- MUA Turns Down Patrick’s EA Proposal Deadline
Chinese crews have been allowed to embark, disembark and go ashore in Brazil after five years of suspension, according to the Shipping Protection Ship Services from Brazil.
The shipping agency told World Maritime News that it has obtained authorization from Brazilian authorities for all Chinese crews holding Chinese seaman book to carry out crew changes again and go ashore in all Brazilian ports.
Since 2011, the Brazilian immigration authorities have prohibited Chinese crew members holding Chinese seaman books to embark and disembark as well as to go ashore in Brazilian ports, having in view the International Labour Organization (ILO) Conventions 108 and 158, of which China is not a signatory country.
The adoption of the directive applied to seafarers from all countries that are not party to the ILO conventions, who were told to refrain from effecting crew changes in Brazilian ports, as there was a risk that on arrival in Brazil the substituting seafarer would not be permitted to leave the airport and, as a consequence, would be directed to return to his country of origin.
The terms of the directive also stated that in the event of non-compliance the seafarer(s) concerned would be fined as much as USD 1,000 per seafarer.
“However, as shipping agents and after investigating the above matter deeply, we have learnt of the existence of an Agreement signed between the Government of Brazil and the Government of the People’s Republic of China in 1980 which is still in force but it was not being respected by Brazil,” the agency said.
After several consultations with the Head of the Brazilian Immigration in Brasilia and thereafter the Presidency of Brazil regarding this issue, the Brazilian Ministry of Foreign Affairs’ Immigration Division Control in Brasilia determined early this week that based on the said agreement, which is still valid, Chinese crew members holding Chinese seaman book are again authorized to embark, disembark and go ashore in all Brazilian ports, the agency explained.
Meanwhile, the Maritime Union of Australia said today that it has rejected the arbitrary deadline put in place by the management of Patrick Stevedores for its final offer on a new enterprise agreement for four stevedore Patrick’s terminals.
The dockworkers at port of Botany’s Patrick container terminal halted all operations on Wednesday launching a 48-hour strike as 260 people voiced their protest against the failure to reach a deal on a new wage agreement after a year of talks.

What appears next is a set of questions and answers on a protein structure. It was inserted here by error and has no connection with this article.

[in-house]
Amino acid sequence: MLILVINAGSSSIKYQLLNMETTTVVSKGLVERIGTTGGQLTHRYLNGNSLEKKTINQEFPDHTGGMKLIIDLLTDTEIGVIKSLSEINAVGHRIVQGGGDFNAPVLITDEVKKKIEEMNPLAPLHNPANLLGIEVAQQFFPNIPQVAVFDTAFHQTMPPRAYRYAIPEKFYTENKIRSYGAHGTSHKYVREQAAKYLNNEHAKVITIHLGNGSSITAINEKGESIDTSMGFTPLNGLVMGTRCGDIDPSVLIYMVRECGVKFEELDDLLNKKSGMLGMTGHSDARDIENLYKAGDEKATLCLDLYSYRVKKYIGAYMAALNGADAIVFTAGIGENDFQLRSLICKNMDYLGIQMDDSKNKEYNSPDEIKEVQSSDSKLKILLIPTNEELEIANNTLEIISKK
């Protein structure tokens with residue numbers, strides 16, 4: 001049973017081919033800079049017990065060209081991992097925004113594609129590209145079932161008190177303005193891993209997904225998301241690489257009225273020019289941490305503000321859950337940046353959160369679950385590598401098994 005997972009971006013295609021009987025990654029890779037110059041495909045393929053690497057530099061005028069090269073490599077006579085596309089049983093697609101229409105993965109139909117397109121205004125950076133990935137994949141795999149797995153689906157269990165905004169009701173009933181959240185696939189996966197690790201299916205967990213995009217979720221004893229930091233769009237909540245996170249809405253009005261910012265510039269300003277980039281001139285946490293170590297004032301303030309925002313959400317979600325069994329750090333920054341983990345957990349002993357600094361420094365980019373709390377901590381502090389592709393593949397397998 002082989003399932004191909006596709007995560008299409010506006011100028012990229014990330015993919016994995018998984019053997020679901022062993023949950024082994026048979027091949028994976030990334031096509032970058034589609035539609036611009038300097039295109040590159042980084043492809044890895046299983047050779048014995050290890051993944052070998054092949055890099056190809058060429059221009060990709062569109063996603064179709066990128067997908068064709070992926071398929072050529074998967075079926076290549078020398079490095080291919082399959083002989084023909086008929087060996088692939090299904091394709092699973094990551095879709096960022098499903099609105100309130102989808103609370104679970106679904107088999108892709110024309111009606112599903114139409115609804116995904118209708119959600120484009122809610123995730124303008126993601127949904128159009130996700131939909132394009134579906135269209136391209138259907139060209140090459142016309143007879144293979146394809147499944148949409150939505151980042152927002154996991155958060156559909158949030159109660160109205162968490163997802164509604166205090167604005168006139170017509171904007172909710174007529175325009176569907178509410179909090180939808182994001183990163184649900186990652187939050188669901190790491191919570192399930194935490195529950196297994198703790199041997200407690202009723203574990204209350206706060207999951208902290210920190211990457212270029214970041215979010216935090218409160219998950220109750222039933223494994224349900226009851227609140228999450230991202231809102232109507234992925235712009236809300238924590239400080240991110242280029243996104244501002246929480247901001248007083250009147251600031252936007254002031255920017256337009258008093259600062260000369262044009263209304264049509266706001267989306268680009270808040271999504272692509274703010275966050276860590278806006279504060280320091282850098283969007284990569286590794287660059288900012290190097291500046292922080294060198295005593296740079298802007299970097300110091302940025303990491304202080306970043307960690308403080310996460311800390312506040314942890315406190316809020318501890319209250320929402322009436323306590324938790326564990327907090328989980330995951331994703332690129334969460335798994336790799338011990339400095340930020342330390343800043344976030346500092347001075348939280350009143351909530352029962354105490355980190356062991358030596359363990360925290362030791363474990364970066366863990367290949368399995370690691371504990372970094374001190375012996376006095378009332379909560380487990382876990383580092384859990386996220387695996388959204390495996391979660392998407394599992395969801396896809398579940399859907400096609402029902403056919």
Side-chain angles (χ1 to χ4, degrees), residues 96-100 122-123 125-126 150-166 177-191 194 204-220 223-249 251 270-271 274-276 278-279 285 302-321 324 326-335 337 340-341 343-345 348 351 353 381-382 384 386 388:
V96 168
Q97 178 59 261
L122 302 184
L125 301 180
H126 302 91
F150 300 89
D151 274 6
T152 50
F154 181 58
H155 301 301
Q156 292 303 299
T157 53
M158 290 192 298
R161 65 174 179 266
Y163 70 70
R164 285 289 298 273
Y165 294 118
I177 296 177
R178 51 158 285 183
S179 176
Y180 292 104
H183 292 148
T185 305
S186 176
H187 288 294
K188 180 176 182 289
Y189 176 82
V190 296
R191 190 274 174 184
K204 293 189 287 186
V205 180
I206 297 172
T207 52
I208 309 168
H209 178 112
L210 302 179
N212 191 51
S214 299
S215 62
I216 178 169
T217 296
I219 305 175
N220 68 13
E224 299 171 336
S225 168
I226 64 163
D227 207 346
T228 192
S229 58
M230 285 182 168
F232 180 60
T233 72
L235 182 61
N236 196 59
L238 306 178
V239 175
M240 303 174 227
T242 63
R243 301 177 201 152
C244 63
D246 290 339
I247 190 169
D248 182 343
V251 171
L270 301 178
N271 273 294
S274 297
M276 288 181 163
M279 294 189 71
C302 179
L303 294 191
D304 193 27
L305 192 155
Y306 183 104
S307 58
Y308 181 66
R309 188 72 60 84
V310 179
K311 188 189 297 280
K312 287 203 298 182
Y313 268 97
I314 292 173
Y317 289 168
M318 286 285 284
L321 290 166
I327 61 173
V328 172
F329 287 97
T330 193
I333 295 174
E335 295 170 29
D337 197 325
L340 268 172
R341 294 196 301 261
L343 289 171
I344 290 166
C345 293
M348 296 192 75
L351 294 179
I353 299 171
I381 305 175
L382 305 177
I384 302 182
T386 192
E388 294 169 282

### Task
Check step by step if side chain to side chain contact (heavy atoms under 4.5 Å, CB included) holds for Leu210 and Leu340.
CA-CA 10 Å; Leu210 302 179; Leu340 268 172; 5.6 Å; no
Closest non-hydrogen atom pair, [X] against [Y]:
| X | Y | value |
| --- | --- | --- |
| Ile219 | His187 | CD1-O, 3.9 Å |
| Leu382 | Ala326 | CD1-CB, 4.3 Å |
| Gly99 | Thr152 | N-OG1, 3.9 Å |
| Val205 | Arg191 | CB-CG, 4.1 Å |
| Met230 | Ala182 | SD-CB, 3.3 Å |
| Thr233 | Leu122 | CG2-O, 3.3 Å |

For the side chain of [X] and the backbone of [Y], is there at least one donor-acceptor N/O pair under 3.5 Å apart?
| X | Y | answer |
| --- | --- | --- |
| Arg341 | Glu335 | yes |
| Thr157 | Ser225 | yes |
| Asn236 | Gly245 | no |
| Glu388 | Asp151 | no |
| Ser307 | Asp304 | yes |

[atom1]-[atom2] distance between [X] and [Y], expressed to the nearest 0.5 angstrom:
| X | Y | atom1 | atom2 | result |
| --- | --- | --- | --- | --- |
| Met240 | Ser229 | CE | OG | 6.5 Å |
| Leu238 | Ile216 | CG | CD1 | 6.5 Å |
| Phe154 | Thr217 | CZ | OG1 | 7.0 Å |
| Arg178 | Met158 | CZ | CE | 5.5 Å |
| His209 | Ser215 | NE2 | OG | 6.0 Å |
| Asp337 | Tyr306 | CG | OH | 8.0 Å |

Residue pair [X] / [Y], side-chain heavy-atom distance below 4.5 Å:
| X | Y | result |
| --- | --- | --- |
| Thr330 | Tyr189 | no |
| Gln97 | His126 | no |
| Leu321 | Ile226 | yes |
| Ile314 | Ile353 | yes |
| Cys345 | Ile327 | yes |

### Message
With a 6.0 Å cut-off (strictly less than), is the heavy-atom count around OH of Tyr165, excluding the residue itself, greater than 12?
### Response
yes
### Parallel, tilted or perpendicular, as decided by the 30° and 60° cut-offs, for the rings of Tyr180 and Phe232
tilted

The company and the union tried to agree on extended working hours, as the company requested the dockworkers provide more labor on midnights and weekends. In turn, the dockworkers wanted the company to provide more job security, as almost 200 people lost their jobs as a direct result of automation.
Meanwhile, the company’s management is said to have prepared a new offer for the workers, giving them 36 hours to give a reply.
Local media said that the proposed deal provides a pay rise of 1% in the first year, 2.5% in the second year and 2.75% in each of the last two years, among other things.
“In correspondence to the company today, MUA Deputy National Secretary Will Tracey said it was absurd to expect a response in 36 hours to an 18 page document that cross references several other detailed documents as well as various ongoing discussions at four different terminals,” MUA added.
According to Tracey, a response on the proposal could not be given before next Friday, April 22nd, as the union needed time to discuss the proposal with all of the relevant stakeholders.
“The actions across the various terminals are because of both national and local claims and the company seeks to shift the goal posts each time we reach the position they state they seek,” he added.
“Both Fremantle and Port Botany have outstanding local issues around the roster that applies to permanents and we are seeking some certainty for workers over hours of work within a framework of the flexibility required to service a modern stevedoring company.
“All four terminals have issues with Patrick reneging on its initial salary offer in the space of a week – something we haven’t encountered in negotiations with this company since we first began the process of enterprise agreement negotiations in the early 1990s,” he said.
“Issues around job security, a transparent and accountable allocation of labour, safety clauses and officers, the certainty of the productivity bonus system, redundancies, process of change in the terminals and management of company policies also remain outstanding within national discussions.”
World Maritime News